5 steps to suc­cess

Fol­low this sim­ple process for a pro­fes­sional-look­ing paint job. Pa­tience and at­ten­tion to de­tail are also key in­gre­di­ents.

Better Homes and Gardens (Australia) - - Super Skills -


Dust, dirt and grime will pre­vent paint stick­ing to a sur­face and will ruin the fin­ish, so they must be re­moved. Make up a sugar-soap so­lu­tion and use a bit of el­bow grease to wash ev­ery­thing down. In the kitchen, make sure you re­move any built-up grease. In the bath­room, use a weak bleach so­lu­tion to kill mould be­fore clean­ing.


Cracks and holes in walls should be filled us­ing a suit­able filler, de­pend­ing on their size. Fill gaps be­tween build­ing el­e­ments, such as skirt­ings, ar­chi­traves and walls, with an acrylic gap filler. In ar­eas sub­ject to move­ment, use a polyurethane filler, such as Sikaflex, which is more flex­i­ble. Fill holes in tim­ber us­ing wood putty.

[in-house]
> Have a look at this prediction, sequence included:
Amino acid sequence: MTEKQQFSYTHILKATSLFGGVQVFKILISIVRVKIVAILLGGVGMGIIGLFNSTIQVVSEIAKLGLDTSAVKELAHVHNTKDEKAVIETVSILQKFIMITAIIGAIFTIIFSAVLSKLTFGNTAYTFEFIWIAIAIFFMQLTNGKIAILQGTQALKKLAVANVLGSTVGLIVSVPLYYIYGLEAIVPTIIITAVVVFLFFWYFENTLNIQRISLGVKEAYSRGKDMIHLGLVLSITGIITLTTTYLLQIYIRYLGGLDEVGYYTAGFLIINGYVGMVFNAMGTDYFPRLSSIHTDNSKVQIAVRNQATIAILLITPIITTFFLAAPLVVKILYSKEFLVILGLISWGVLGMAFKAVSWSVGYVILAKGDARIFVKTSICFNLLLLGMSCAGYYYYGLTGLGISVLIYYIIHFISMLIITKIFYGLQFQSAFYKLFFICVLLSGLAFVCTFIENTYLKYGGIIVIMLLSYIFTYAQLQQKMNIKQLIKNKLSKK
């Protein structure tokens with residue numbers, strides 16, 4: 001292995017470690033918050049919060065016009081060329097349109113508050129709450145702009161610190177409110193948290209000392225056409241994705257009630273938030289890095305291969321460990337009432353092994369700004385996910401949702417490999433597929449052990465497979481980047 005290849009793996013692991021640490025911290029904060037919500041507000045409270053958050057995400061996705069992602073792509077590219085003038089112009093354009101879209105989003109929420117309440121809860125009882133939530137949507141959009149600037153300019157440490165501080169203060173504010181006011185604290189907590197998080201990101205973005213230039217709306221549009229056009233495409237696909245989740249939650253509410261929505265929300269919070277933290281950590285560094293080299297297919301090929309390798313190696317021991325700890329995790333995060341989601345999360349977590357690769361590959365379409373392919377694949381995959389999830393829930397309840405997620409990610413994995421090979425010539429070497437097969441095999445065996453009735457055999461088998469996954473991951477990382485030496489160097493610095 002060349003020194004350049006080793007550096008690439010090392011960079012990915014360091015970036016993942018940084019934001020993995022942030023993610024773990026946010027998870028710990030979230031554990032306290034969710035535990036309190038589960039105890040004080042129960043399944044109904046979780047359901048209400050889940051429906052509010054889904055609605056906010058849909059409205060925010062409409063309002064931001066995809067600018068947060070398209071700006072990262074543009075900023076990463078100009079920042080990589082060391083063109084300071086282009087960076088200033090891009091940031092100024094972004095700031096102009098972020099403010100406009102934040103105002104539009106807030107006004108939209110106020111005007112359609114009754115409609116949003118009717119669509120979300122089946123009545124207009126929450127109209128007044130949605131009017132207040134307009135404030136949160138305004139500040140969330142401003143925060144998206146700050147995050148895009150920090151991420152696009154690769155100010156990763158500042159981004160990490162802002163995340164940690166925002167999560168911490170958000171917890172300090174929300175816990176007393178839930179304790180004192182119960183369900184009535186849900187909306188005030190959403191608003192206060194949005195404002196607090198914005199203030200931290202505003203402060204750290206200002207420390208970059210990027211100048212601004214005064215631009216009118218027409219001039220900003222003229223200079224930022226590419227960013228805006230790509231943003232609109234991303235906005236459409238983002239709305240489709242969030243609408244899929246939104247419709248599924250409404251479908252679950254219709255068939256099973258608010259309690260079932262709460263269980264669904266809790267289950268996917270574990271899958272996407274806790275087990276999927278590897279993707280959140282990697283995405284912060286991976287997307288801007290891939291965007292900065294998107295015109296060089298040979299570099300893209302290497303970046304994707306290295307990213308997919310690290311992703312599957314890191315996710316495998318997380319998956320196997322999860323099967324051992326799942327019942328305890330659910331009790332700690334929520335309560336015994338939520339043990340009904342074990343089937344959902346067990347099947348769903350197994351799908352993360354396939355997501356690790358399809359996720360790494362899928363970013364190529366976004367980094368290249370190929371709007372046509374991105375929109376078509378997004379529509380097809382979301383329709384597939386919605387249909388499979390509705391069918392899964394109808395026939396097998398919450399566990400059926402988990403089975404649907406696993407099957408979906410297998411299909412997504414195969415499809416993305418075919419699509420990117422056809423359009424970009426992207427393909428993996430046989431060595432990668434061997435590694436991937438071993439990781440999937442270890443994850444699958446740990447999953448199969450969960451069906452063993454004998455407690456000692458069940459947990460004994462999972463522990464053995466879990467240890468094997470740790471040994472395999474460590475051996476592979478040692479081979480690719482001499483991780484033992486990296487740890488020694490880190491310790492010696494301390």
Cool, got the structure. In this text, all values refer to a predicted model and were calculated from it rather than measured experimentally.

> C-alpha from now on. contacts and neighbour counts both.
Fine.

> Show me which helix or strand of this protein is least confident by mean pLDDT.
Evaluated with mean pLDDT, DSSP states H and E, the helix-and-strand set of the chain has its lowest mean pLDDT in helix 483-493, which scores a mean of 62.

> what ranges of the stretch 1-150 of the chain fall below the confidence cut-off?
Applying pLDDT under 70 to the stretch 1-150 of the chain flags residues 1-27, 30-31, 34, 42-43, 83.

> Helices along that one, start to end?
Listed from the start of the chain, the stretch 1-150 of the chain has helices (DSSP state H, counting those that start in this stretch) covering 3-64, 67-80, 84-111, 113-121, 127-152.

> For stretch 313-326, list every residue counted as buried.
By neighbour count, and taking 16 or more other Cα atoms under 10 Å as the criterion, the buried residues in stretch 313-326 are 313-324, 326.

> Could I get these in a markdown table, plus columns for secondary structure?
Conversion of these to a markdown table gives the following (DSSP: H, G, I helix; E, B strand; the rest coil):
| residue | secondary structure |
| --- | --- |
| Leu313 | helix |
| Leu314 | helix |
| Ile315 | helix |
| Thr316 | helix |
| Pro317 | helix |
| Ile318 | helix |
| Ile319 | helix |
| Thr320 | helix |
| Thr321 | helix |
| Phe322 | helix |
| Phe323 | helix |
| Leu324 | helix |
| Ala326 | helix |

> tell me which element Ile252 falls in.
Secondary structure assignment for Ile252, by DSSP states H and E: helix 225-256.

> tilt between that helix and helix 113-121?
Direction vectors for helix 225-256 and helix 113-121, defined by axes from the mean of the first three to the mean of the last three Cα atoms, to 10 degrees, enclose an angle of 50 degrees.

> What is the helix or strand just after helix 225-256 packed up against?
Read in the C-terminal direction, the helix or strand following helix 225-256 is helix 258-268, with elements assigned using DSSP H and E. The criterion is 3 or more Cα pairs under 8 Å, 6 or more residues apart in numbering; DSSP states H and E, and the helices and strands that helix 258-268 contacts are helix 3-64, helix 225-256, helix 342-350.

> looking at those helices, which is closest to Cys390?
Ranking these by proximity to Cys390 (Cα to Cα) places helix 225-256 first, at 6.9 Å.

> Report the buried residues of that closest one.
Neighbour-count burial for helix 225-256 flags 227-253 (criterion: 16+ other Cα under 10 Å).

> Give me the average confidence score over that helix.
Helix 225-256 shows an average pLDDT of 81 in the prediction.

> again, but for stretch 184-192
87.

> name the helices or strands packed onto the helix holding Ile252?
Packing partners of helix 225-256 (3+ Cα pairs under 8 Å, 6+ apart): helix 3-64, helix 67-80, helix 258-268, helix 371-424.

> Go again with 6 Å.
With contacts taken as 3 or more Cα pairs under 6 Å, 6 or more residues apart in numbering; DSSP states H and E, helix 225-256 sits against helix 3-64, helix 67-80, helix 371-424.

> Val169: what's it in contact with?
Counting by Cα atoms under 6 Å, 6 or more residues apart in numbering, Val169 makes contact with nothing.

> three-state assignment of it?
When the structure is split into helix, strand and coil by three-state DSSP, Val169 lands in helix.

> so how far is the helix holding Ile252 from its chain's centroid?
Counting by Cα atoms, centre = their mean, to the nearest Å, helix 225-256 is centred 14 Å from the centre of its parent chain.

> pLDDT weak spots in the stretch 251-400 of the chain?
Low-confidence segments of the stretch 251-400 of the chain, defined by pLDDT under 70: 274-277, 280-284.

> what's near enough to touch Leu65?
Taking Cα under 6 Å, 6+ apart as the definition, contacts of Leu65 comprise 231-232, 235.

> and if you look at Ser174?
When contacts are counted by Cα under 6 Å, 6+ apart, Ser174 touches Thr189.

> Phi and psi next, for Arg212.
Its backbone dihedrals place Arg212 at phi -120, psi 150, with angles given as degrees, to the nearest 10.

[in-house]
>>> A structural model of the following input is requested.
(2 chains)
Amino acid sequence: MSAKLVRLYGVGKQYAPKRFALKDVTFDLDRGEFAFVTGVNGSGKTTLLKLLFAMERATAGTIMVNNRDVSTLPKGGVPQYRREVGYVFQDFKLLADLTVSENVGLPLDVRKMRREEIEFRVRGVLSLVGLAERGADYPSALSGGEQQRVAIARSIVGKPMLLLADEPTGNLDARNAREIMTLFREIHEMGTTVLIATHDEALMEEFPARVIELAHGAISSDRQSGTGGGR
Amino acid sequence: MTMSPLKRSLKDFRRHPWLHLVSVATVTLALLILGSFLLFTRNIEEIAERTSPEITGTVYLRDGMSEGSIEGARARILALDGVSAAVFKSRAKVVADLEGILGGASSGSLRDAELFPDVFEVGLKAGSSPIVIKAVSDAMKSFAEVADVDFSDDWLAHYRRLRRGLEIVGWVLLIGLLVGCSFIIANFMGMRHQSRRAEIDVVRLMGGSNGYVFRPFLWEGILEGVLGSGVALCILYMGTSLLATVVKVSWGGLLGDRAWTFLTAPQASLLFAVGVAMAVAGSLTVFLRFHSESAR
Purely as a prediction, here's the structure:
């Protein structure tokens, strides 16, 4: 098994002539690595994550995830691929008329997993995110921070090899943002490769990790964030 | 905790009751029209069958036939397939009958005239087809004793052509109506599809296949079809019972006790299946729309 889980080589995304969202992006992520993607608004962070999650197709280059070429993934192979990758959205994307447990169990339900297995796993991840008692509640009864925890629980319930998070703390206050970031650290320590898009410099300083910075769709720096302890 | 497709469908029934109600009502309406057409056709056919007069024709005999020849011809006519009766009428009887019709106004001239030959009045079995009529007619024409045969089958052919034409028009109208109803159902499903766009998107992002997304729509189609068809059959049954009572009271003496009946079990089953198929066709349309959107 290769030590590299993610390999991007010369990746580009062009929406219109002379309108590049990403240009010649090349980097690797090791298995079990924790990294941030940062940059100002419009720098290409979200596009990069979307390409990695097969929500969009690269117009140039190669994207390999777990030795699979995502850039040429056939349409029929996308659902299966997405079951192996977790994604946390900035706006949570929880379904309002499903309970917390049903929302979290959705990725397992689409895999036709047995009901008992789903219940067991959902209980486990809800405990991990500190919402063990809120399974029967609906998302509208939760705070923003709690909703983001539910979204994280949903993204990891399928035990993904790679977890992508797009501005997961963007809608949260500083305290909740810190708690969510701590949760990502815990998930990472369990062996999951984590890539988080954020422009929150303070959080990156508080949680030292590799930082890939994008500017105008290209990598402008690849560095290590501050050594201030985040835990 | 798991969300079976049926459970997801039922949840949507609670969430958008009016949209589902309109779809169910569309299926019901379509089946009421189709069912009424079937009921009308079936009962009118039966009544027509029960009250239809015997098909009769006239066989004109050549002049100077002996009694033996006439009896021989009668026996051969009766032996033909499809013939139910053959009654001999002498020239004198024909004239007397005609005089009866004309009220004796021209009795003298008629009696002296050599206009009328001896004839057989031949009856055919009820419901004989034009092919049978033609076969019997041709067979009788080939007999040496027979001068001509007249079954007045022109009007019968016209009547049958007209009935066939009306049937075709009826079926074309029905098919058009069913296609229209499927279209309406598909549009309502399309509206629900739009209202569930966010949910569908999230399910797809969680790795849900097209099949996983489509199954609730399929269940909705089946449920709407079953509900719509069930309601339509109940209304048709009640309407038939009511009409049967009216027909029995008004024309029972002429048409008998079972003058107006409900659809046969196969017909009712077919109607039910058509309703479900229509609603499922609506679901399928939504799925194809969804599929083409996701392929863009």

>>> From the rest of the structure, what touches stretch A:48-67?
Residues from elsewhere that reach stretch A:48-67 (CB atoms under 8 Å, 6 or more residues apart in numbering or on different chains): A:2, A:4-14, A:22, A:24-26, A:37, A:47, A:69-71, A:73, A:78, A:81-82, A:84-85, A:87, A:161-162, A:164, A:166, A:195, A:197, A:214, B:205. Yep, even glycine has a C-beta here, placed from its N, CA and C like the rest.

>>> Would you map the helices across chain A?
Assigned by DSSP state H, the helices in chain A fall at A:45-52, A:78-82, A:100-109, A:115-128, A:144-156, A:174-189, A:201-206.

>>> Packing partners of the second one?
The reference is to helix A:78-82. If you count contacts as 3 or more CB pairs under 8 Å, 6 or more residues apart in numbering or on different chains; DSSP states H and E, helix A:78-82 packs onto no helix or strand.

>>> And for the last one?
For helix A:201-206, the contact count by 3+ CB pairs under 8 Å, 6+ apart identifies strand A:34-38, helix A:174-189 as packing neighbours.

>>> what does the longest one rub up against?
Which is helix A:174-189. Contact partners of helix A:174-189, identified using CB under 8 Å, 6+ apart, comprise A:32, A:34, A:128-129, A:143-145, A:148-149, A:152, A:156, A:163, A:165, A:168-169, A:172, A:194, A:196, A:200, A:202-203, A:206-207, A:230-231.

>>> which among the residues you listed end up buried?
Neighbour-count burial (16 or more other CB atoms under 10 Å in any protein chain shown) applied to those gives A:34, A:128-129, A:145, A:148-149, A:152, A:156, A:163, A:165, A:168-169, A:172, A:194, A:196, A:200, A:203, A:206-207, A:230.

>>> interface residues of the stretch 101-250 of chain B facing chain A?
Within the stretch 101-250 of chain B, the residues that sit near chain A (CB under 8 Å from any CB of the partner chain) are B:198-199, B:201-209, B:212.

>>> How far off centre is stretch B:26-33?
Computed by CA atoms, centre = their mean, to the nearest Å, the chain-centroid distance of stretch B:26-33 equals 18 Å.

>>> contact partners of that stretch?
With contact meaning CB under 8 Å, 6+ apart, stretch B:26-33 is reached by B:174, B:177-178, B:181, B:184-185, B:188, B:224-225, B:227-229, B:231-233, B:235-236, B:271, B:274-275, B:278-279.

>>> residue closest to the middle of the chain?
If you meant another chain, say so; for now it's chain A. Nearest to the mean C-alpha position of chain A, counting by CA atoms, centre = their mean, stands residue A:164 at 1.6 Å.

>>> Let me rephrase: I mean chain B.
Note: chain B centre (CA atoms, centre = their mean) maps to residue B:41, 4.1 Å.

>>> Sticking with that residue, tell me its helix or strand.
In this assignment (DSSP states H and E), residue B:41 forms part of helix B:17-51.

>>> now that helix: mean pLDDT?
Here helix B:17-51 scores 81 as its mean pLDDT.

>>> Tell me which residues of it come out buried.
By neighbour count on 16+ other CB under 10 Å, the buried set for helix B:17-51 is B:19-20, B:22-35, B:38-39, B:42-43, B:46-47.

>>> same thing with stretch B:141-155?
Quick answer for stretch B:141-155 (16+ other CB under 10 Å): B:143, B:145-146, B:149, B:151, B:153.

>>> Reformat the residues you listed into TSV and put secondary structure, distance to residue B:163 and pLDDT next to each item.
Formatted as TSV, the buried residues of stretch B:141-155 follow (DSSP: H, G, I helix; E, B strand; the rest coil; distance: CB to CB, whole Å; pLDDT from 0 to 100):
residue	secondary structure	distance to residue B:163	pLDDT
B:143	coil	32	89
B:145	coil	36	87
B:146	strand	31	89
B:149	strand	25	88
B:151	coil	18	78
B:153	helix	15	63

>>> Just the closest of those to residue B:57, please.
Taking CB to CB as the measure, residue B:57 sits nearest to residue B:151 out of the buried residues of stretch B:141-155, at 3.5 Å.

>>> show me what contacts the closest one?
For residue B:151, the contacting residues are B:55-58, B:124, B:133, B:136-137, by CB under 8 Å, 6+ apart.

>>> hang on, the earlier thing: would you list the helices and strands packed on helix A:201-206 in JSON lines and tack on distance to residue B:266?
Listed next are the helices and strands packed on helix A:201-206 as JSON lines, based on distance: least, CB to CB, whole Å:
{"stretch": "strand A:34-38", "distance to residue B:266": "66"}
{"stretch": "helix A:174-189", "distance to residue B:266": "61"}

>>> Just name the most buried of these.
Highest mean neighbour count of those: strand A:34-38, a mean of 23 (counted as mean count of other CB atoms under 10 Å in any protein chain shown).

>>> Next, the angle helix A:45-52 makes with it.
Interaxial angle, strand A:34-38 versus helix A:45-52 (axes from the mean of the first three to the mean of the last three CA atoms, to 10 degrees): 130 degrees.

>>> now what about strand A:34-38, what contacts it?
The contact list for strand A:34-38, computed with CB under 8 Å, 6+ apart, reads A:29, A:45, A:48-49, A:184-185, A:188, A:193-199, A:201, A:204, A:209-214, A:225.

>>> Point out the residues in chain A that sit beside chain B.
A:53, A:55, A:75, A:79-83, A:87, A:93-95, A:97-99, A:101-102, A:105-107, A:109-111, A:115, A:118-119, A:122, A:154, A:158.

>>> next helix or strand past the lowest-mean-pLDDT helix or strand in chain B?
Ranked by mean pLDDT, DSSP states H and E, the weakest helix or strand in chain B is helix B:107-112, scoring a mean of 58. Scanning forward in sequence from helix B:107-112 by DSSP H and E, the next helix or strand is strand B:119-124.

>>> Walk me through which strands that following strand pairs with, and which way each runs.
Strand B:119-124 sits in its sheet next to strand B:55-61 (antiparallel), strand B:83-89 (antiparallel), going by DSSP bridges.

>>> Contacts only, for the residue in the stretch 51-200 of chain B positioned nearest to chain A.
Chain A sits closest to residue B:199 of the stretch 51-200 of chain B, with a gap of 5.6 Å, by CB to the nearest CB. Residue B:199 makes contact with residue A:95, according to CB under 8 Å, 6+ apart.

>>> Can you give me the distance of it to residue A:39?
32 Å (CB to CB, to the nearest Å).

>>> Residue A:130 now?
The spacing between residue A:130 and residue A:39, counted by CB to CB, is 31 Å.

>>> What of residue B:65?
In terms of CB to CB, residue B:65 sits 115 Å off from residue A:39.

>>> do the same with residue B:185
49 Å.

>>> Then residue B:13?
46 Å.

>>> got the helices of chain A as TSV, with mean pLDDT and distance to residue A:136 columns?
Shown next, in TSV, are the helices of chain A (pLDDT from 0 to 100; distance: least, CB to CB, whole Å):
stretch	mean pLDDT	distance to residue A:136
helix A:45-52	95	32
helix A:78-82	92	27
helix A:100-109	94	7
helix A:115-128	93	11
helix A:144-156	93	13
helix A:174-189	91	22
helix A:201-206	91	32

Filler should be sanded back so the sur­face is smooth with its sur­rounds. It’s also im­por­tant to sand pre­vi­ously painted sur­faces to re­move any gloss from them. This helps the fol­low­ing paint coats stick to the old paint. Re­move any dust us­ing a vac­uum and wipe down with a damp cloth to com­pletely re­move dust.


A primer seals new work and helps fol­low­ing paint coats to stick. Spot-prime any filled ar­eas on old work. If you’re plan­ning on us­ing oil-based paint, it’s best to use an oil-based primer. Af­ter it has dried, sand lightly us­ing 180-grit sand­pa­per, es­pe­cially on tim­ber, so the fi­nal coats go onto the smoothest sur­face pos­si­ble.


Stir paint thor­oughly be­fore ap­pli­ca­tion. Ap­ply cor­nice and ceil­ing paint first, then cut in around edges and in cor­ners of the walls with a brush. Use a roller to do the rest of the walls. Fin­ish with the trim, doors and win­dows. Sand lightly be­tween coats to re­move brush strokes and the sheen from gloss and semi-gloss paints.

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